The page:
April 2016: European Journal of Orthopaedic Surgery & Traumatology: Orthopédie Traumatologie
Davide Blonna, Enrico Bellato, Davide Edoardo Bonasia, Gian Luigi Canata, Roberto Rossi, Antonio Marmotti, Filippo Castoldi
BACKGROUND: For athletes affected by shoulder problems, the most important expectation is to resume sporting activities. The ability to return to sport is related to several parameters, including the type and level of sport played. By focusing on these parameters, the Degree of Shoulder Involvement in Sports (DOSIS) scale allows for a better assessment of the involvement of the shoulder in sports. PURPOSE: To design the DOSIS scale and test its psychometric features...
October 2015: American Journal of Sports Medicine
Matthew R Lewington, Nathan Urquhart, Ivan H Wong
Shoulder instability can be a challenging condition to treat when it becomes refractory to soft-tissue procedures or when bone loss exceeds 25% to 27% of the glenoid. The Bristow-Latarjet procedure has been developed and popularized to deal with these concerns. Traditionally, the procedure has been performed as an open approach; however, this has been recently supplanted by novel arthroscopic techniques. We present a technique for the procedure performed with the patient in a semi-lateral decubitus position that assists with optimal graft placement on the native glenoid...
June 2015: Arthroscopy Techniques
J A van der Linde, R van Wijngaarden, M P Somford, D F P van Deurzen, M P J van den Bekerom
The Bristow-Latarjet procedure is a well-known surgical technique designed to treat shoulder instability. In this procedure, the coracoid process is transferred to the glenoid rim, to serve as augmentation of an associated bony defect. Because long-term results following a soft tissue procedure (Bankart repair) reveal that up to 21 and 33 % of the patients might experience recurrent instability and with the advent of the arthroscopic coracoid transfer, there is renewed interest in this procedure to treat shoulder instability...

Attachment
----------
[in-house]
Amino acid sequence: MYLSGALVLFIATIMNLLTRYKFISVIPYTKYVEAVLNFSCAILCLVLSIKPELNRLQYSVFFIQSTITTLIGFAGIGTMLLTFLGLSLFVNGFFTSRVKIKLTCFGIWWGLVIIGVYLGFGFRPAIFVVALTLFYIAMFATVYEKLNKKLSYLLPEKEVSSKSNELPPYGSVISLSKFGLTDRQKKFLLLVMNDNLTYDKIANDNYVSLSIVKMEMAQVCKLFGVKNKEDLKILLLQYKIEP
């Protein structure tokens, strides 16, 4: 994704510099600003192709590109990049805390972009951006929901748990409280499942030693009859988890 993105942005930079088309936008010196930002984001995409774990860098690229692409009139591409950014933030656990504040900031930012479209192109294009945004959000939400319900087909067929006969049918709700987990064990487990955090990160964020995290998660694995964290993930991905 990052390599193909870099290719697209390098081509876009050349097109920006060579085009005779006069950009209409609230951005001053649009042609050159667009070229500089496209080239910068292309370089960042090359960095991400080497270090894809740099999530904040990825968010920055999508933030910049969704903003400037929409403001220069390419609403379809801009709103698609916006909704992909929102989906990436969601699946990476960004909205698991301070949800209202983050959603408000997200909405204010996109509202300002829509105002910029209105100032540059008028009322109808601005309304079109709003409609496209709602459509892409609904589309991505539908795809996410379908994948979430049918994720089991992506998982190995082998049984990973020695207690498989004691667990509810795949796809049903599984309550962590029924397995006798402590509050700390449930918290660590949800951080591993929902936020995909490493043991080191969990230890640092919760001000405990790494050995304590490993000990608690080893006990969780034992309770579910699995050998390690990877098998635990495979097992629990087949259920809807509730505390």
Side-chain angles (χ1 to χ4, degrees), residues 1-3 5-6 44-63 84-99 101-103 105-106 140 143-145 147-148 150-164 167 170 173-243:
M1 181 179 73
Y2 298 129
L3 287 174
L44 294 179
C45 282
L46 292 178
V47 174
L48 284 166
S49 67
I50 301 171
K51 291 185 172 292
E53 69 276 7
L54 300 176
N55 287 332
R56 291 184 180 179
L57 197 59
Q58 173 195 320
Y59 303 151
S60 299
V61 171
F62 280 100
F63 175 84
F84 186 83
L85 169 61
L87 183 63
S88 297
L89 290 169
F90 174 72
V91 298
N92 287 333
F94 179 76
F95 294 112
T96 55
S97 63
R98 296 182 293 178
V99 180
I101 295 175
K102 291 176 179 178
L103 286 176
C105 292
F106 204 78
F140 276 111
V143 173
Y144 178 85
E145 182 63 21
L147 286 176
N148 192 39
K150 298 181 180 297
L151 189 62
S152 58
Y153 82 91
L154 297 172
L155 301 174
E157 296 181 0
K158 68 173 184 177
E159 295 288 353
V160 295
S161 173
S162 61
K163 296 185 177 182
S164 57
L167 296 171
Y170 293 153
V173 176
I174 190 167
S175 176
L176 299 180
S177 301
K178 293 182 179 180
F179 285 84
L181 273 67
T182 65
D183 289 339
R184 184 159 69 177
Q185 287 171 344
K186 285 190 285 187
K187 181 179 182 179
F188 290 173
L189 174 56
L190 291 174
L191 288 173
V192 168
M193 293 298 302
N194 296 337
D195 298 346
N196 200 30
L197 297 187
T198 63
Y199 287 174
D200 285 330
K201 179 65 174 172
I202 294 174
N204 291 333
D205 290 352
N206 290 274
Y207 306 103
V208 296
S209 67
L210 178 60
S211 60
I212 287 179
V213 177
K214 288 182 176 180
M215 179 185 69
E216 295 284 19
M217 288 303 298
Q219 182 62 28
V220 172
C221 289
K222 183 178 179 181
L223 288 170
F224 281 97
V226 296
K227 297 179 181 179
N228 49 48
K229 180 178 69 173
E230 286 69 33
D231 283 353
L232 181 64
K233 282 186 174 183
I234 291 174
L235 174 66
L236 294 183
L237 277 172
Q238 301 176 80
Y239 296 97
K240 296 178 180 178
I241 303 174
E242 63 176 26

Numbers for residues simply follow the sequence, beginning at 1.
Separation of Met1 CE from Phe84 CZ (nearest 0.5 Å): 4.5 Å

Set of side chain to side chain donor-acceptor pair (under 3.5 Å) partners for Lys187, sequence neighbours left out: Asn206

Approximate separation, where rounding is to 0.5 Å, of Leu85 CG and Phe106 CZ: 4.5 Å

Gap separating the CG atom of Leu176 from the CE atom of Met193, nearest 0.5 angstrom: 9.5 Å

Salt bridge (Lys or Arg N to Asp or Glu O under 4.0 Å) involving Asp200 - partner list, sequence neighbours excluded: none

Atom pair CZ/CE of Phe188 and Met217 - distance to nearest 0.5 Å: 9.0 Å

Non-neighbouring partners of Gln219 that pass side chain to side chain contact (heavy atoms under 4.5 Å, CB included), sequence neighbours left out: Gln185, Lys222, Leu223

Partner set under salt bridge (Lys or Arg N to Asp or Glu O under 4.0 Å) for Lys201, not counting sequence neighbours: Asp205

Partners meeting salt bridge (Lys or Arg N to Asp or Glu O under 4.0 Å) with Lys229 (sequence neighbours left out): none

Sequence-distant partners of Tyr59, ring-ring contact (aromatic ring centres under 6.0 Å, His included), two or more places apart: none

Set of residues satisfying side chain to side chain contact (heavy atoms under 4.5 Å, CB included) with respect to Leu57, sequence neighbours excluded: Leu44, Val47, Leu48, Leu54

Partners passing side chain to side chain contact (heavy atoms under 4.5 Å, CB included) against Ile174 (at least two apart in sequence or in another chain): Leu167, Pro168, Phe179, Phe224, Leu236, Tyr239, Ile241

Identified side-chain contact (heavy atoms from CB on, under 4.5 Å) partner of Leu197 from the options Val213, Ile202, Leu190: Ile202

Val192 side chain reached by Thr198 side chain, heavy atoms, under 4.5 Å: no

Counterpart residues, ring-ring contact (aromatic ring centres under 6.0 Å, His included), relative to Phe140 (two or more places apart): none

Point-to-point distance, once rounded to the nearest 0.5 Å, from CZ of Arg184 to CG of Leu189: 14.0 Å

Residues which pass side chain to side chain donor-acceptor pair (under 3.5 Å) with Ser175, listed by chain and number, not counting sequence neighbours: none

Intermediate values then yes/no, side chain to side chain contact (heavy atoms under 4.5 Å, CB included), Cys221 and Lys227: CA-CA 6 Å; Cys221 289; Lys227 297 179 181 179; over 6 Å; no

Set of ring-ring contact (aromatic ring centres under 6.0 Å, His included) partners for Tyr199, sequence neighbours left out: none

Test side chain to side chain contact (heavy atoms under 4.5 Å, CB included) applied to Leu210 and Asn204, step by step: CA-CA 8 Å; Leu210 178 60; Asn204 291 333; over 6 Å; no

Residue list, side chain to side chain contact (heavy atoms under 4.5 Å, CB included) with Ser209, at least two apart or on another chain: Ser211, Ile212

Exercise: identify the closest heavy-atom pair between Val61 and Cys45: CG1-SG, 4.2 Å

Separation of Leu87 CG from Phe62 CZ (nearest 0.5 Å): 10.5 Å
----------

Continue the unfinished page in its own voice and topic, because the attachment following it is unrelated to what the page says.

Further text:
February 2016: Knee Surgery, Sports Traumatology, Arthroscopy: Official Journal of the ESSKA
N Sakeb, M A Islam, S N Jannat
Anterior shoulder dislocation (ASD) is a common injury of young population which may progress to recurrent episodes. The treatment is initially conservative but surgery is indicated when it fails. Out of more than 150 techniques, modified Bristow-Latarjet procedure has become most favorable even to arthroscopic techniques. We have intended to retrospectively assess the outcome of it in post-traumatic recurrent ASD of young non-athletes, performed at our different private settings between January 2007 and July 2012; which included 15 male patients of 20-39 years with minimum 2 years follow up...
January 2015: Mymensingh Medical Journal: MMJ
U J Spiegl, S Braun, S A Euler, R J Warth, P J Millett
Fractures of the anteroinferior glenoid rim, termed bony Bankart lesions, have been reported to occur in up to 22% of first time anterior shoulder dislocations. The primary goal of treatment is to create a stable glenohumeral joint and a good shoulder function. Options for therapeutic intervention are largely dependent on the chronicity of the lesion, the activity level of the patient and postreduction fracture characteristics, such as the size, location and number of fracture fragments. Non-operative treatment can be successful for small, acute fractures, which are anatomically reduced after shoulder reduction...
December 2014: Der Unfallchirurg
Vladislavs Gordins, Lennart Hovelius, Björn Sandström, Hans Rahme, Ulrica Bergström
BACKGROUND: Transfer of the coracoid (Bristow-Latarjet [B-L]) is used to stabilize anterior shoulder instability. We report the long-term results of our first 31 operations with this method. MATERIALS AND METHODS: Thirty-six patients (mean age, 26.7 years) had a B-L repair from 1977 to 1979. Five patients died, and during 2012 to 2013, the remaining 31 shoulders had a follow-up with questionnaire, physical examination, Western Ontario Shoulder Instability Index, Subjective Shoulder Value, Subjective Assessment of Shoulder Function, subjective assessment of loss of motion, and radiologic imaging...
May 2015: Journal of Shoulder and Elbow Surgery
Joshua W Giles, Ryan M Degen, James A Johnson, George S Athwal
BACKGROUND: Recurrent shoulder instability is commonly associated with glenoid bone defects. Coracoid transfer procedures, such as the Bristow and Latarjet procedures, are frequently used to address these bone deficiencies. Despite the frequent synonymous labeling of these transfers as the "Bristow-Latarjet" procedure, their true equivalence has not been demonstrated. Therefore, our purpose was to compare the biomechanical effects of these two procedures. METHODS: Eight cadaveric specimens were tested on a custom shoulder simulator capable of loading nine muscle groups and of accurately orienting the joint throughout shoulder motion...